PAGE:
Bits Are Bits, Right?

So I'm currently heading down the path of exploring which CD-Rs sound best in my CD player, along with what burn speeds sound best and what CD burners make the best CDs. I already know from my research that the more accurately the pits are placed on the CD (e.g. less jitter in the recorded data), the better chance I stand at getting the CD to sound good. There is a counter-argument to this idea that goes something like this: "Bits are bits and as long as the CD player can read them, the accuracy of the spacing doesn't matter because everything is thrown into a buffer which removes the effect of any jitter written into the data during burning." I know I don't agree with that logic, but for the life of me I can't remember the technical reasons. I know I used to know. Haha! 

So who here knows why buffers don't solve all of our problems in the digital realm? How come timing accuracy matters in the stages before the data buffer?
Agreed on computer being noisy for audio playback, one reason never really used just a computer.
I use a dedicated streamer whose sole purpose in life is to stream hires music from either an online streaming service or an attached hard drive of some description.

You will likely find that’s the way majority do it who are looking for top flight SQ.

Btw my comment was not necessarily aimed at yourself, just in general.
I hate to tread into the waters, and certainly dont want to design and teach the long class necessary to get to all this, so a few simple comments will do:
1. There are no bits on a CD. repeat after me "eight to fourteen modulation"2. A digital signal, primarily SPDIF which is source cloaked is a half-analog signal, with the amplitude digitized and the X-axis (timing) analog.3. Clock recovery or buffering/readout is impacted by many things including originating jitter and various types of noise4. That said, really good modern DACs using USB (asynch) reduce many of these problems by vast percentages.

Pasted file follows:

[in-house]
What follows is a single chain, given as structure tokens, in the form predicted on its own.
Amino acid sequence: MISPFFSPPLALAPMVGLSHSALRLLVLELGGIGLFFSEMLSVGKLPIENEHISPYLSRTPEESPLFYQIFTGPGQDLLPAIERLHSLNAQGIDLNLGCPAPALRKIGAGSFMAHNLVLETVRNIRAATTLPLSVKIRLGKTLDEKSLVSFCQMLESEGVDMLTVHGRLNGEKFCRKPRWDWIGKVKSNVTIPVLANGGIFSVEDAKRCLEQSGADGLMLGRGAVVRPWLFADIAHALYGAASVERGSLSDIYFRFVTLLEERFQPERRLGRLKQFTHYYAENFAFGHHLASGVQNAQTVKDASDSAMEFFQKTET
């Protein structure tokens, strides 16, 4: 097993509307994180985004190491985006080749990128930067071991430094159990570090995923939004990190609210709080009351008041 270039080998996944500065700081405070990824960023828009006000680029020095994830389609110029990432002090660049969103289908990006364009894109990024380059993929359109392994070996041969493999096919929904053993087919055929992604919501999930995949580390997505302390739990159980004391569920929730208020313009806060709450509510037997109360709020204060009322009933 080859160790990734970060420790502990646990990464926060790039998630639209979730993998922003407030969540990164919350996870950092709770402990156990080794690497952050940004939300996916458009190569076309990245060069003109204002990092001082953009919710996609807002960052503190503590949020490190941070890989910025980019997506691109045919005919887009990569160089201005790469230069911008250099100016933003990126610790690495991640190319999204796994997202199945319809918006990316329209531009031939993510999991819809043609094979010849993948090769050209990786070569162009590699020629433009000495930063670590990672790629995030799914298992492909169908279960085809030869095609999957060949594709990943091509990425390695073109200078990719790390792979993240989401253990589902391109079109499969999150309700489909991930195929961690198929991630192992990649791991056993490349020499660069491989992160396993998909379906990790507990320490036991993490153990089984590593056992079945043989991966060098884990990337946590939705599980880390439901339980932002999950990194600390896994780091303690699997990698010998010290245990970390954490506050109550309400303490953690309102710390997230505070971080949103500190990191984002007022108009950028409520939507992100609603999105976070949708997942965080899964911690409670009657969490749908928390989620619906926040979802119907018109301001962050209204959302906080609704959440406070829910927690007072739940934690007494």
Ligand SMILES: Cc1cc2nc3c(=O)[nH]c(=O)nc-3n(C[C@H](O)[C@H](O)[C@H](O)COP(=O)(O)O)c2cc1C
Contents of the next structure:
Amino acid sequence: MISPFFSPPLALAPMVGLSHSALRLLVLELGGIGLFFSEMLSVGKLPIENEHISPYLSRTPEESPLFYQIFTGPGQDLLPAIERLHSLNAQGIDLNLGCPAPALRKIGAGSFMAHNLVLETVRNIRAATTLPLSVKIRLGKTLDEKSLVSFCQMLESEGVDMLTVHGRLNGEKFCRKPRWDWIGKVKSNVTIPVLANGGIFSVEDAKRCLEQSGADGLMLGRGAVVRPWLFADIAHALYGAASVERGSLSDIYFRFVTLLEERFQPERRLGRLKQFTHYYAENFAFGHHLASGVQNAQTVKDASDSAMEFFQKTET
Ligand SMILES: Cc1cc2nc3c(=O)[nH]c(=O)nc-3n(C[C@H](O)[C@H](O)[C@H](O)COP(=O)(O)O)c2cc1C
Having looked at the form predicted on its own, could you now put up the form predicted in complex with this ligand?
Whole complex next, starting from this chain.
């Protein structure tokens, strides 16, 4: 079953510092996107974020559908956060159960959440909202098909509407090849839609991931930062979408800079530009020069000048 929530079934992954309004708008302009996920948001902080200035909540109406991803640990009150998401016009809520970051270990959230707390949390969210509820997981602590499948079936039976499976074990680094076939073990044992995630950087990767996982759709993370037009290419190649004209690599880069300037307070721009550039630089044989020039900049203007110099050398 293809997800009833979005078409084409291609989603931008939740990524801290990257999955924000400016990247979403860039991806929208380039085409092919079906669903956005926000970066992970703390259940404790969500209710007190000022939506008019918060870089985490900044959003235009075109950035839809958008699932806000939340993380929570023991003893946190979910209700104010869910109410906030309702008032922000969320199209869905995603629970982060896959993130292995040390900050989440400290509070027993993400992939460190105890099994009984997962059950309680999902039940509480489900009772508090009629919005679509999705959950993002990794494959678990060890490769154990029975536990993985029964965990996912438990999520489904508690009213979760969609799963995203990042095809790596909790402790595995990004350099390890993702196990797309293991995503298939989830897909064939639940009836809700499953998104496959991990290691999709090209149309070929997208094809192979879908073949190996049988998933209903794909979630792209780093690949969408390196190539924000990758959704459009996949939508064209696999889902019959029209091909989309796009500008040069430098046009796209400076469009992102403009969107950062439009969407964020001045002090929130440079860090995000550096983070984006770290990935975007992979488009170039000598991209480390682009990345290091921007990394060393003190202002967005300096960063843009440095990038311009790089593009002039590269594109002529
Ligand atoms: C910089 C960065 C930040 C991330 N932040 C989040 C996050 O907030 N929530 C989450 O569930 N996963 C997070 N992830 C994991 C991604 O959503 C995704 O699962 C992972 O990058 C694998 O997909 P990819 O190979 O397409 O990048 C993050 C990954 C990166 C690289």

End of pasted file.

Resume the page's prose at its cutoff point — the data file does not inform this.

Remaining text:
Neither the hogwarts school of audio nor the "its all simple and really well understood" school (wrong twice!) are even close to right.
In general quit worrying about rippign speeds and CD media and get good files, on anything, transfer them over a DAC-clocked interface, galvanically isolated, and move along.
For the record i can get remarkable sounds from 320-384 kbps CBR MP3.  OK, FLAC is better, but not much.  HD - the jury is out, clearly good in the studio. I wonder if what  hear is simple better master transfer when the jury is occasionally in, to cripple a metaphor.
Unfortunately, our brains sample 10x more frequently than cds...vinyl is best.

Unfortunately, our brains sample 10x more frequently than cds...vinyl is best.

>>>>>I’m from the future. When the CD is played on a CD player not (rpt not) encumbered with all the problems CD players have had since the very beginning, CD has much more detail than vinyl. It has always been right there on the CD. You just couldn’t hear it completely or accurately, that’s all. You don’t even have to play 20 bit or 24 bit CDs. 16 bit Redbook CD will do just fine. It’s the player, you can forget about everything else. In the future there is no more glare, no more congealed midrange, no more weak bass, no more two dimensional sound, no more thin paper mache sound. 
I see that stand up comedy routine you were harping on about REALLY is working out for you.
Keep it up!